Line 3: This is where it’s interesting.  We’re saying “whenever I need an ISession, resolve ISessionFactory and call OpenSession() on it”.  Also, by specifying ContainerScope, we only get 1 instance per-container.

And this is where it’s sort of confusing with the terminology.  You can think of Autofac as a tree of containers.  The root container (variable c in this case), can create children containers (inner1 in this case, and inner1 could create an inner2, and so on).  So when something is Singleton scoped, that means that the root container, and any child containers (and child’s children) will only have 1 instance of a service.  With ContainerScope, each “node = container” in the tree gets 1 instance.

So back to the unit test above, in line 6 we verify that there is only 1 instance of ISessionFactory.  We resolve ISession twice as well, which shows that we get the same instance.

Line 9, we create an inner container, and here we see that ISessionFactory is the same for both the container c and inner container inner1.  However, the ISession resolved is different between the two.
Thus, by specifying ContainerScope, you can very easily group multiple services and dependencies together as one unit.  Implementing the Unit of Work pattern is insanely easy with Autofac.  Create services A, which depends on B, which depends on C, which all the previous depends on D.  Resolve A within a new inner container, and B, C, and D will always be the same instances.  Resolve A in another inner container and you will get a new set of instances.

Last but not least, Autofac will automatically call Dispose() on all resolved services once the container is disposed.  So for the above, once inner1.Dispose() is called, ISession.Dispose() is automatically called.  If you needed to, you can very easily hook into this mechanism and implement things like transactions and rollbacks.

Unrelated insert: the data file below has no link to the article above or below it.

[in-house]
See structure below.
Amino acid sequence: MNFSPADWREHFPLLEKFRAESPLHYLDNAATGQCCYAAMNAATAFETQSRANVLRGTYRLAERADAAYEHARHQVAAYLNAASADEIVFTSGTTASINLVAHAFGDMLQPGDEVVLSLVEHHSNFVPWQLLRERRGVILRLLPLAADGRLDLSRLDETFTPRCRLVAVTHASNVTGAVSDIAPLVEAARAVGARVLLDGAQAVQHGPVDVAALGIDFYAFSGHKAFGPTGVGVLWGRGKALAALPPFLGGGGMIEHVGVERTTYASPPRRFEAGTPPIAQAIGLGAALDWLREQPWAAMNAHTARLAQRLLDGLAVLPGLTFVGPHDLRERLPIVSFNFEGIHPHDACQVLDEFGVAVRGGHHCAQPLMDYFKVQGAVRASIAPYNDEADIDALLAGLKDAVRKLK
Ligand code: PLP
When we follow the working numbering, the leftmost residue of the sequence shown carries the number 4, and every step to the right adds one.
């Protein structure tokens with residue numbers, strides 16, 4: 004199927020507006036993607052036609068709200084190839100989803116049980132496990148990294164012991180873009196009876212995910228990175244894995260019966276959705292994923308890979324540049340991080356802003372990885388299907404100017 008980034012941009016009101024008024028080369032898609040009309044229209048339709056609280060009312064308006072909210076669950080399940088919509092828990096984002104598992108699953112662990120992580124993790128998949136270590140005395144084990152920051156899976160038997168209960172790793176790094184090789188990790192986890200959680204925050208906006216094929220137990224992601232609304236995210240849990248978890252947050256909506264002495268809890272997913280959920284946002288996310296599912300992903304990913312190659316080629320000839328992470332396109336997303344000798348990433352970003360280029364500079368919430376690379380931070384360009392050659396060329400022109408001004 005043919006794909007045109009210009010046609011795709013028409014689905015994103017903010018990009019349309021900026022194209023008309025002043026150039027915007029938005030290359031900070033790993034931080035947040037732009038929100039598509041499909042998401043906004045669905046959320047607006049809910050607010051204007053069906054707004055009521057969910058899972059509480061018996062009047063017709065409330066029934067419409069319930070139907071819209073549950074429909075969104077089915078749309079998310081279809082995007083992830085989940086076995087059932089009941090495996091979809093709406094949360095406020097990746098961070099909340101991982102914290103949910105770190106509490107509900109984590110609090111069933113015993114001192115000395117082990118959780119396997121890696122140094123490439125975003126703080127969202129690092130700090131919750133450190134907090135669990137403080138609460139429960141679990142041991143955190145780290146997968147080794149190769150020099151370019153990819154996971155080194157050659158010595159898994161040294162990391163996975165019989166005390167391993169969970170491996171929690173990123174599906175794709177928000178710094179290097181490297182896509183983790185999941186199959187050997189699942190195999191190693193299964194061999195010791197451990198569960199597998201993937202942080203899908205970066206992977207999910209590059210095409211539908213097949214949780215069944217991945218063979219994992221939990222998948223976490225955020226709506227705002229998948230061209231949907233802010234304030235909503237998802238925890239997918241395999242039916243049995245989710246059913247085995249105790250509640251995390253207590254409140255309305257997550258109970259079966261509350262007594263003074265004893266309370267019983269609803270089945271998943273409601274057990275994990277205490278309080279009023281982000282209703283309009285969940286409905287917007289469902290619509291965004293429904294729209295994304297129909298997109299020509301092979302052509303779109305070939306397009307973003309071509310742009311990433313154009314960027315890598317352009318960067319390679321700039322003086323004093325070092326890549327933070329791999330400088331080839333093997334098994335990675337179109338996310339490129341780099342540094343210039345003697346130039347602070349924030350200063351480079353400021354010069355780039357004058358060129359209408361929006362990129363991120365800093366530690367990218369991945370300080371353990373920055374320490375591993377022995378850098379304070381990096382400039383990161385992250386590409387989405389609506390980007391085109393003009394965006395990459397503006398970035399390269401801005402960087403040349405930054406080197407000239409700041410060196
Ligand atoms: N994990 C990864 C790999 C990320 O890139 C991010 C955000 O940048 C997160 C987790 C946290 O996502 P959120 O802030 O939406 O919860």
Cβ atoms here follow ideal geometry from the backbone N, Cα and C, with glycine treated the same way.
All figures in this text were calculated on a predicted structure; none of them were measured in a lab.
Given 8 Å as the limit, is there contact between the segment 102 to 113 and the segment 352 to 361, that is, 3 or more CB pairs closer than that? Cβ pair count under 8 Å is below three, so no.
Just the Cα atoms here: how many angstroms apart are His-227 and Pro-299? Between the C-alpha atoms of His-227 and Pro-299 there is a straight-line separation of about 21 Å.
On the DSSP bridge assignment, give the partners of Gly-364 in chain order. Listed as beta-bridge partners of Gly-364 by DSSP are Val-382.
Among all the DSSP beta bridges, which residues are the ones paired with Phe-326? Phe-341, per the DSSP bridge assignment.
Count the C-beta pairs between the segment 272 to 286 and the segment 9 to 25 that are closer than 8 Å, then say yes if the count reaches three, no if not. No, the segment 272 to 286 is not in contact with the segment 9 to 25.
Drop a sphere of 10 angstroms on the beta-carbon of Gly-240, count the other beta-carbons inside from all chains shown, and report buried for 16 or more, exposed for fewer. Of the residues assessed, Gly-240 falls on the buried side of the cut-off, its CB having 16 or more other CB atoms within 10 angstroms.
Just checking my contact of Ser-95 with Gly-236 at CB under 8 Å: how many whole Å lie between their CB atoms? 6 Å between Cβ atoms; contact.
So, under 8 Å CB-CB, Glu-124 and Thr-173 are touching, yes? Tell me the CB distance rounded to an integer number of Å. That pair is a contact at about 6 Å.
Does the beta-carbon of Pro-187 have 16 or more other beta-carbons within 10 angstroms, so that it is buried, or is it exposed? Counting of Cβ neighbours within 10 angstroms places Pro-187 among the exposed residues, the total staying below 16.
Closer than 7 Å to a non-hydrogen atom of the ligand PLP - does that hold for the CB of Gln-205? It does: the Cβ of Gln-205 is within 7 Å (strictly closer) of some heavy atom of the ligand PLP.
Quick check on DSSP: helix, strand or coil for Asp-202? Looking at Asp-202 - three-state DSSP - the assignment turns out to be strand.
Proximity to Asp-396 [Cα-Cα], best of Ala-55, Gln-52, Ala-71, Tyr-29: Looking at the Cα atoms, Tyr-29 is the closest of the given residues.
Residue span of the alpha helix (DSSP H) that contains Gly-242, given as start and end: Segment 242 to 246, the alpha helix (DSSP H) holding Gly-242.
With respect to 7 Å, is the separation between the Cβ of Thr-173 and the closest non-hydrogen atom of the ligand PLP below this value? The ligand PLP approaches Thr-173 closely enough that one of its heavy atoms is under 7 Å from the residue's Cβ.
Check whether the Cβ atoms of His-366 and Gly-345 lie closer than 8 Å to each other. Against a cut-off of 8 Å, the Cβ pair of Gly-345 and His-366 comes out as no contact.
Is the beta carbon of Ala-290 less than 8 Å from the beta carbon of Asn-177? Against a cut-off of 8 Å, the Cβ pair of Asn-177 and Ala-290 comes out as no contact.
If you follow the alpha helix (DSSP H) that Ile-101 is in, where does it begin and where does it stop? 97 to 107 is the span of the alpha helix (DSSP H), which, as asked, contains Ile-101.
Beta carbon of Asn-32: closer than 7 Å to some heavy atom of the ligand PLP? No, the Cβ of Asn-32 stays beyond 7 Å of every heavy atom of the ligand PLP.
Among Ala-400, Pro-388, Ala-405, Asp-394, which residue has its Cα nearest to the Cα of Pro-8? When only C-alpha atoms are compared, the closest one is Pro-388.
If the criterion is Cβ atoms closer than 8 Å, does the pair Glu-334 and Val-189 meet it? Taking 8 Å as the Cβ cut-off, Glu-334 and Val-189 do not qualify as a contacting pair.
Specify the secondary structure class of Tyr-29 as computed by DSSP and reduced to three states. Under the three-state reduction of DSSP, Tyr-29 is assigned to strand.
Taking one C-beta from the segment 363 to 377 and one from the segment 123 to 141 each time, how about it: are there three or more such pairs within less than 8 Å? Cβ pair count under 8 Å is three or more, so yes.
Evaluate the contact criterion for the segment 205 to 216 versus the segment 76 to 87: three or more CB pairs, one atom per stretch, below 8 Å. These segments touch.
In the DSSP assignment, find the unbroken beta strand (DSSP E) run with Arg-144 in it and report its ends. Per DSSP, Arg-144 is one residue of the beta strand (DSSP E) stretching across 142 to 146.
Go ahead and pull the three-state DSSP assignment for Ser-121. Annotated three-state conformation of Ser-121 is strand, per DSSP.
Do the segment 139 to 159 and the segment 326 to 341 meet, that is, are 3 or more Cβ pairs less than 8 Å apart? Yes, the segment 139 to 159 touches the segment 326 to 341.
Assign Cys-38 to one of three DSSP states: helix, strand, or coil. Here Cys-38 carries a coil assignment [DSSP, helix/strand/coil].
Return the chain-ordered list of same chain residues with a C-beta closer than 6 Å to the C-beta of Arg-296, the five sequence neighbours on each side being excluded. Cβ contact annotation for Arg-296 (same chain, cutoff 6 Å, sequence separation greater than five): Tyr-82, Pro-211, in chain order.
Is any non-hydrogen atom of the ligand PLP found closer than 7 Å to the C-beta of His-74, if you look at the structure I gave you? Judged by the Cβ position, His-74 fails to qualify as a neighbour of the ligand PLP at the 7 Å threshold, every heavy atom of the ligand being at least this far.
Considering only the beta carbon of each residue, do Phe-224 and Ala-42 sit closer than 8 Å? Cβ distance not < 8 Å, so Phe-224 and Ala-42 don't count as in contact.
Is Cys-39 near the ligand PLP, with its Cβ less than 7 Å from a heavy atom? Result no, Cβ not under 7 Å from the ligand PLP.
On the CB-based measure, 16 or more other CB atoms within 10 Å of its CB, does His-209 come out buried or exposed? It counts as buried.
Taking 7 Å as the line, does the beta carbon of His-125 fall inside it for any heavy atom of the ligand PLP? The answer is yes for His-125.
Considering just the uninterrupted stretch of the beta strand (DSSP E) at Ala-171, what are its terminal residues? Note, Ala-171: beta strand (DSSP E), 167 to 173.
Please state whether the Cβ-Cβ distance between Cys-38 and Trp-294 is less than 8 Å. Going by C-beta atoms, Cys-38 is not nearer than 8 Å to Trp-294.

I hope this blog post clears things up a little bit about Autofac’s ContainerScope!

3 comments:

Nick said...

I've been toying with a similar approach, but I'm uncertain about how to manage NHibernate's Transaction (Commits and Rollbacks) in this scenario. I've seen examples that make use of TransactionAttributes (in the case of MVC apps), and previously I had been managing transactions in the begin/end request events (in global.asax), but that ties every request to a transaction which isn't necessary. How did you go about handling transactions in this scenario?

bling said...

Thanks for dropping by Nick!

To answer the question, what I ended up doing was creating a set of services for each request/session, basically like how I described in my post.

I also wrote my own custom interception module (took some ideas from the one in contrib) based on Castle's DynamicProxy2.

The main difference was that my interceptors work iff methods have specific attributes, and with that I was able to selectively say which methods got transactions (among other things).

This made things really easy because I could have the transaction span multiple methods as one huge call or a simple 1 line method depending on where my transaction attributes appear in the code.

Nick said...

Heya Bailey! Think there is more than one 'Nick' lurking around your blog (or else I have a case of amnesia :))

Love the article, definitely need more info like this around the 'net.

Nick (mk II)